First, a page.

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Japan's reluctance to co-produce can be overcome.

I believe that co-productions between Japan and other countries are best described by my favorite saying: "Co-productions are like trying to eat a meal with chopsticks in your right hand and a fork in your left." Meaning, it takes so much time and effort to handle both sides, you don't notice what you're eating - or, in this case, co-producing.

In my mind, there are two main advantages to co-production, the most attractive of which is the cost savings. The other is cultural awareness and international sensitivity.

These advantages, however, are unobtainable unless each side understands and respects the other's cultural background.

Although generalizing, I'd like to give an idea of some basic differences between TV in Japan and say, the U.S., that would need to be acknowledged in a co-production: Television in Japan is emotional, visual, melodious, homogeneous, communal. While the U.S. television is investigative, logical, rhythmic, heterogeneous, individual.

It is these basic differences that must be kept close in mind, for any co-produced programs to be acceptable to viewers in both countries. Co-producers must also be keenly aware of the different definitions around the world of some very commonly used words and concepts: God, religion, original sin, miracle and paradise, for example.

What all this means though, is that a co-production will require far more time, preparation and effort than any other kind of production. Because of these differences, so far, most international co-productions with Japan have been either cartoons or documentaries on science or art, because these are easier to keep free of national or religious identities.

It is true that NHK is more positive toward co-productions than Japanese commercial networks. While most of NHK's international co-productions tend to be documentaries, every year they also co-produce dramas with such countries as Czechoslovakia, Britain and Germany. Although these dramas are usually of high quality, I personally wonder to what extent they attract Japanese TV viewers.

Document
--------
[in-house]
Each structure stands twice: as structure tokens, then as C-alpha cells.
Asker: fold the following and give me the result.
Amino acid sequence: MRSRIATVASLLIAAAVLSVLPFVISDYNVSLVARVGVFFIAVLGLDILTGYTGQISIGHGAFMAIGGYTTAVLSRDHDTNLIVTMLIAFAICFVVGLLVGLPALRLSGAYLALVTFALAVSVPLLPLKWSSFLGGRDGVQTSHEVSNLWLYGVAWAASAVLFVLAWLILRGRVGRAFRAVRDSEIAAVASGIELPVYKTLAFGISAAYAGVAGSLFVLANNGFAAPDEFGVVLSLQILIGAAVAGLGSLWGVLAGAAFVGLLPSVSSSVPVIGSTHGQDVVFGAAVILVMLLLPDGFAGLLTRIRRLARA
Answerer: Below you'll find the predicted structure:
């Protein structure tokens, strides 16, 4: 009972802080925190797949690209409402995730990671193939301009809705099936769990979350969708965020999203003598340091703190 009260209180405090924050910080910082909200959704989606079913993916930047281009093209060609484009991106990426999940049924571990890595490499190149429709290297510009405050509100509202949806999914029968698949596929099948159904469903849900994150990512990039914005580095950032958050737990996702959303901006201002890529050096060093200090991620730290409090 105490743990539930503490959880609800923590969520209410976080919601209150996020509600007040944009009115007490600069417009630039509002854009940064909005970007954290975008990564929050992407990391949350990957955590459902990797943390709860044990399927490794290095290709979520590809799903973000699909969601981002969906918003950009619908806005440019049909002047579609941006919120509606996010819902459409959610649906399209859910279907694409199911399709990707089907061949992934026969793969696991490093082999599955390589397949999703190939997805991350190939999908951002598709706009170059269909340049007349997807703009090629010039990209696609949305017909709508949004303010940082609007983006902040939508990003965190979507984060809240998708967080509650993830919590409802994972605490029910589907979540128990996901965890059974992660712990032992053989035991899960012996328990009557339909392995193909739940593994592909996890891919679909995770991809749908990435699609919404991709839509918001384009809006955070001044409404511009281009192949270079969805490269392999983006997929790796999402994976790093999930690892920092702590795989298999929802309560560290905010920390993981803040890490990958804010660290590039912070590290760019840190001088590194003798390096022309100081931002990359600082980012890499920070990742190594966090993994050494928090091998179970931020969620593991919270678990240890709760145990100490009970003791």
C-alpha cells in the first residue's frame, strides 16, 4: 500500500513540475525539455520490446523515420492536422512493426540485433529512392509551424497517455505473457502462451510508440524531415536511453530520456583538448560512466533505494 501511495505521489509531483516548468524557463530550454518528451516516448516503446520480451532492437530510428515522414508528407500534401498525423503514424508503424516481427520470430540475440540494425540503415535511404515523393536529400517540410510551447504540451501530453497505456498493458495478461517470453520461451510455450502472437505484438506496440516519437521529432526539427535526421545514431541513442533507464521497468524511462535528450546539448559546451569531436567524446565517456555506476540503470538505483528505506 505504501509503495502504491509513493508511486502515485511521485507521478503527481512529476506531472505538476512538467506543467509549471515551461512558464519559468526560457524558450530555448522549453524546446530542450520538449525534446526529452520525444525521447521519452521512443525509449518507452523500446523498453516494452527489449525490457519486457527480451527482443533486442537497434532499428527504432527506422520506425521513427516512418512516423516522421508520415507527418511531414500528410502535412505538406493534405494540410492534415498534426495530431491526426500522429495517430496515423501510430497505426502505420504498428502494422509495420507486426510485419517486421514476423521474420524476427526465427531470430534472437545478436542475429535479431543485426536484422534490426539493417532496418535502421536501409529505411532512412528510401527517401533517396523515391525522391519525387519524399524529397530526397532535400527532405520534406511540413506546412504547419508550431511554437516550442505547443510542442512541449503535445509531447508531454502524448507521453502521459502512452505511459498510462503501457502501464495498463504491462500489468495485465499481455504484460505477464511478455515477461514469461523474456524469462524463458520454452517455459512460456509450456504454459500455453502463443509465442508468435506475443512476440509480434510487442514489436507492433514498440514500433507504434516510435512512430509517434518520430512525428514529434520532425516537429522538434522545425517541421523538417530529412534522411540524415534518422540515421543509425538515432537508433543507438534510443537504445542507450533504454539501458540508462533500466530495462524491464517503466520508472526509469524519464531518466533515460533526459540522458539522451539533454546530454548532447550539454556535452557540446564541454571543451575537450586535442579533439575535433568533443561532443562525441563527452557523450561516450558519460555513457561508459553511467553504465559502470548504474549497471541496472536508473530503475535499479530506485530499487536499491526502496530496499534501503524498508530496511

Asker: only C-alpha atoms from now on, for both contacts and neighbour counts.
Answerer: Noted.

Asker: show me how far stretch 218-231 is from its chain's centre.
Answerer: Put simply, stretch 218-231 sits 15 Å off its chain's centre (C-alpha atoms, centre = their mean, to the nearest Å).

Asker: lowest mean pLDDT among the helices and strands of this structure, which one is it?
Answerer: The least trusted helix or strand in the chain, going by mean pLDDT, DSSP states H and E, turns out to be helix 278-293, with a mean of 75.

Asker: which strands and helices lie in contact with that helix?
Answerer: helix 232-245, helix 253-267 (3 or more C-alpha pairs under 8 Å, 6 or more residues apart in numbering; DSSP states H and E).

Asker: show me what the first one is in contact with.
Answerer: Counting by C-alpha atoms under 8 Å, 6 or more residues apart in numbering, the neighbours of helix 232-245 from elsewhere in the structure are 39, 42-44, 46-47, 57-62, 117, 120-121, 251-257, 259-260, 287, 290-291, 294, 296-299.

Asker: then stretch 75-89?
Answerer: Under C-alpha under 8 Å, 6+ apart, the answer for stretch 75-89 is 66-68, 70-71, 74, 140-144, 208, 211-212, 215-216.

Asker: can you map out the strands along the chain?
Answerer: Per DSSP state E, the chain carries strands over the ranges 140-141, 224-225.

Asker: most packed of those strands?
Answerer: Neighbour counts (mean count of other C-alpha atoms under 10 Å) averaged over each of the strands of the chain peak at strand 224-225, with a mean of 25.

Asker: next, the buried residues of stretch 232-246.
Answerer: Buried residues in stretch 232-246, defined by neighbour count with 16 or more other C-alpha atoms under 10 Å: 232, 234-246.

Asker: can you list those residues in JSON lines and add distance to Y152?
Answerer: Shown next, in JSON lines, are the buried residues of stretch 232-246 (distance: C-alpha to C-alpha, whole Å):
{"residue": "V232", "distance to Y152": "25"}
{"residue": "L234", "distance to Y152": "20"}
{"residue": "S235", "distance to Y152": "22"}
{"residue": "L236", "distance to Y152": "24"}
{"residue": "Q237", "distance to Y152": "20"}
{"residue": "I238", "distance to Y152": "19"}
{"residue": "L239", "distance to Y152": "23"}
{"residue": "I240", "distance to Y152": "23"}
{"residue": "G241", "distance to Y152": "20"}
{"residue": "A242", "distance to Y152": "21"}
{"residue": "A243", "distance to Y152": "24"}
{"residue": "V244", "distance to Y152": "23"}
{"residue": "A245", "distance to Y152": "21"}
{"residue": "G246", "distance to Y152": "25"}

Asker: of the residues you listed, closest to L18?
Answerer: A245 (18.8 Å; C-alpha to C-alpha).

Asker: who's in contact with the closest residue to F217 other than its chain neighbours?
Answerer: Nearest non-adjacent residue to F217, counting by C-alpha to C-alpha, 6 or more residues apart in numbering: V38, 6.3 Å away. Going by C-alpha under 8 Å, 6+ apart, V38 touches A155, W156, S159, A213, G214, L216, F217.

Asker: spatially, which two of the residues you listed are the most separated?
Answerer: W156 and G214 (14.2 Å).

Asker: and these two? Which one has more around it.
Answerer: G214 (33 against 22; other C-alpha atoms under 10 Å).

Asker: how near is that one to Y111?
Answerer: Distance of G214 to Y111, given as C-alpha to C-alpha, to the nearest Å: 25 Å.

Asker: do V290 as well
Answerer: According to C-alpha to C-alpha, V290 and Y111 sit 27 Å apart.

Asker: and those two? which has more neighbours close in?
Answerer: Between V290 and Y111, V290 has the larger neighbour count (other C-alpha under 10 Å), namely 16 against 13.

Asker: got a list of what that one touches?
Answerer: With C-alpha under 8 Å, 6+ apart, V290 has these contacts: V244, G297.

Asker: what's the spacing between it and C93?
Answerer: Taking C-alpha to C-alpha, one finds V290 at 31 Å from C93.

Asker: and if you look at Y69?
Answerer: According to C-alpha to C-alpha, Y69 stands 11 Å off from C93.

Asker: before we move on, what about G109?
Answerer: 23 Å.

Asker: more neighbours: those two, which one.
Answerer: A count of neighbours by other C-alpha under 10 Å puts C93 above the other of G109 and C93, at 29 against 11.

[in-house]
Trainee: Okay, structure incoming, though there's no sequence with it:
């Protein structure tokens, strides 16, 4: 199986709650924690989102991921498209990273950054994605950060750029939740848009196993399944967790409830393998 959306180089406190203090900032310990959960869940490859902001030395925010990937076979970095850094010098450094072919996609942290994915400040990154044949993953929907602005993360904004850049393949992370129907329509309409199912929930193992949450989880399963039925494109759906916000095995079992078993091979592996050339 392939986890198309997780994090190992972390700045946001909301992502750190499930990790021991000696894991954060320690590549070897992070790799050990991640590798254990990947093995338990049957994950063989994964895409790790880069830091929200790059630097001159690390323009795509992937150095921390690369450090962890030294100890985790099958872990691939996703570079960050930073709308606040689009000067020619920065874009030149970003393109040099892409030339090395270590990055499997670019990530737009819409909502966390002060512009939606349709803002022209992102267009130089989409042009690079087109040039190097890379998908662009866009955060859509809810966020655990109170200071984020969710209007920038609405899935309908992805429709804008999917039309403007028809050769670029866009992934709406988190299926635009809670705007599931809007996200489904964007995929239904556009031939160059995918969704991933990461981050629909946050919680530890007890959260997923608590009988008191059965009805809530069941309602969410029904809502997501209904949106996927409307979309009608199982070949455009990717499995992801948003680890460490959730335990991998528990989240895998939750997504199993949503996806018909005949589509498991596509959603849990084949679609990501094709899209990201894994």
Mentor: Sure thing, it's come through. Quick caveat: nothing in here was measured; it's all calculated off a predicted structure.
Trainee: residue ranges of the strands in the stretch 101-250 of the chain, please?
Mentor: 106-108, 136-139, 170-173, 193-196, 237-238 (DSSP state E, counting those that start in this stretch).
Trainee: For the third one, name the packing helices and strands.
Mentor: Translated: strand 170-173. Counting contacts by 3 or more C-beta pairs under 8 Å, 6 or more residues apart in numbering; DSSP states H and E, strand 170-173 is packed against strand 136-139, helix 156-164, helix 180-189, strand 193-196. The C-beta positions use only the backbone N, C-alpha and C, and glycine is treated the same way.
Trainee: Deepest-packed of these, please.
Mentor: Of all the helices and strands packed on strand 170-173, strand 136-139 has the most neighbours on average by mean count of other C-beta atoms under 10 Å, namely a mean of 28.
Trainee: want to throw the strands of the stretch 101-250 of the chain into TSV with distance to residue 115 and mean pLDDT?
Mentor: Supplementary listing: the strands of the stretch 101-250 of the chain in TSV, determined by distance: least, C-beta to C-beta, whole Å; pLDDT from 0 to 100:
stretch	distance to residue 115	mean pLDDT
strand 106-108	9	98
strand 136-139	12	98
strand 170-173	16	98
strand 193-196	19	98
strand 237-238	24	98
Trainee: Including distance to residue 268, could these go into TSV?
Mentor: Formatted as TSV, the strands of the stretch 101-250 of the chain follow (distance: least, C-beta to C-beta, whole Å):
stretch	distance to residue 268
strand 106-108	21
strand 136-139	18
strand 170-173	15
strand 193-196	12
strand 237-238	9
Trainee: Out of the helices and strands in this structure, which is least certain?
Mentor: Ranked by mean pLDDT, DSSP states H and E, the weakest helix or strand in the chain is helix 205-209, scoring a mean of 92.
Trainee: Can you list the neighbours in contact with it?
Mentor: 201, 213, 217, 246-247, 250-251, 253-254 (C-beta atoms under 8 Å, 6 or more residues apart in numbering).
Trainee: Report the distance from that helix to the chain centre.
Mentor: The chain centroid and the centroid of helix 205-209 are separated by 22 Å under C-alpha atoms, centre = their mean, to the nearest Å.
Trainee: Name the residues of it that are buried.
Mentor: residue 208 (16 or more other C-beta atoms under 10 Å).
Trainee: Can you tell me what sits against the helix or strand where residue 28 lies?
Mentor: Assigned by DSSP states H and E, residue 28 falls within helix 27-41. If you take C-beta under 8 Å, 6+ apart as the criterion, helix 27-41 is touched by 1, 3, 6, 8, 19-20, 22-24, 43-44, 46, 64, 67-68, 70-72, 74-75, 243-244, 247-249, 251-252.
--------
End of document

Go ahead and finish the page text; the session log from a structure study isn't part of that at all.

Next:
In short, by effectively utilizing set budgets and staff, co-productions can be an excellent way to produce large-scale programs. However, to be successful, both sides have to understand and accept the positive and the negative aspects of the venture. I am afraid that for NTV, as a commercial station, the disadvantages of co-productions outweight the advantages, leaving us a negative attitude toward them.

Then, is there a possibility for a Japanese initiative for co-productions?

My answer is no, except in special cases. The Canadian Embassy in Tokyo said that the Japan's image of Canada is exquisite lakes, forests and wild animals. For Japanese producers, Canada offers wonderful natural subjects for programs. Japanese crews regularly visit Canada to collect their own images of the country.

But, is it possible to broaden Japanese producers' images of Canada? Unfortunately, it doesn't look likely in the near future, because producers are tied to following the tastes of Japanese viewers.

Has there been a Canadian initiative for co-productions?

From my experience, yes. We have received requests from Canada, for either financial and personnel participation only, or for production plans on which we would bear half the production costs. Among the requests we have received to date, however, I regret to say that none have suited our programming standards or schedules.

My suggestions to potential foreign co-producers that want to reverse this situation are:

1. Carefully study the contents and trends in Japanese television and come up with ideas for programs that will appeal to Japanese viewers too, such as subjects that have something to do with Japan or Japanese people - that is, market approach.

2. Consider programs on music, fine arts, science, the future and general documentaries.

3. Establish contact with Japanese advertising agencies and production companies.

4. The audio-visual departments of Japanese trading companies were once a good avenue for co-producers. However, even they are now reportedly very reluctant to get involved in TV co-production because of losses they've seen in co-productions with Hollywood.

While most of my comments have been negative. I still believe positive chances exist for co-productions. And I sincerely hope they will be found.

Masami Takagishi is Nippon Television's production manager.
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Title Annotation:television broadcasting industry; co-productions between Japan and other countries
Author:Takagishi, Masami
Publication:Video Age International
Date:Feb 1, 1992
Words:679
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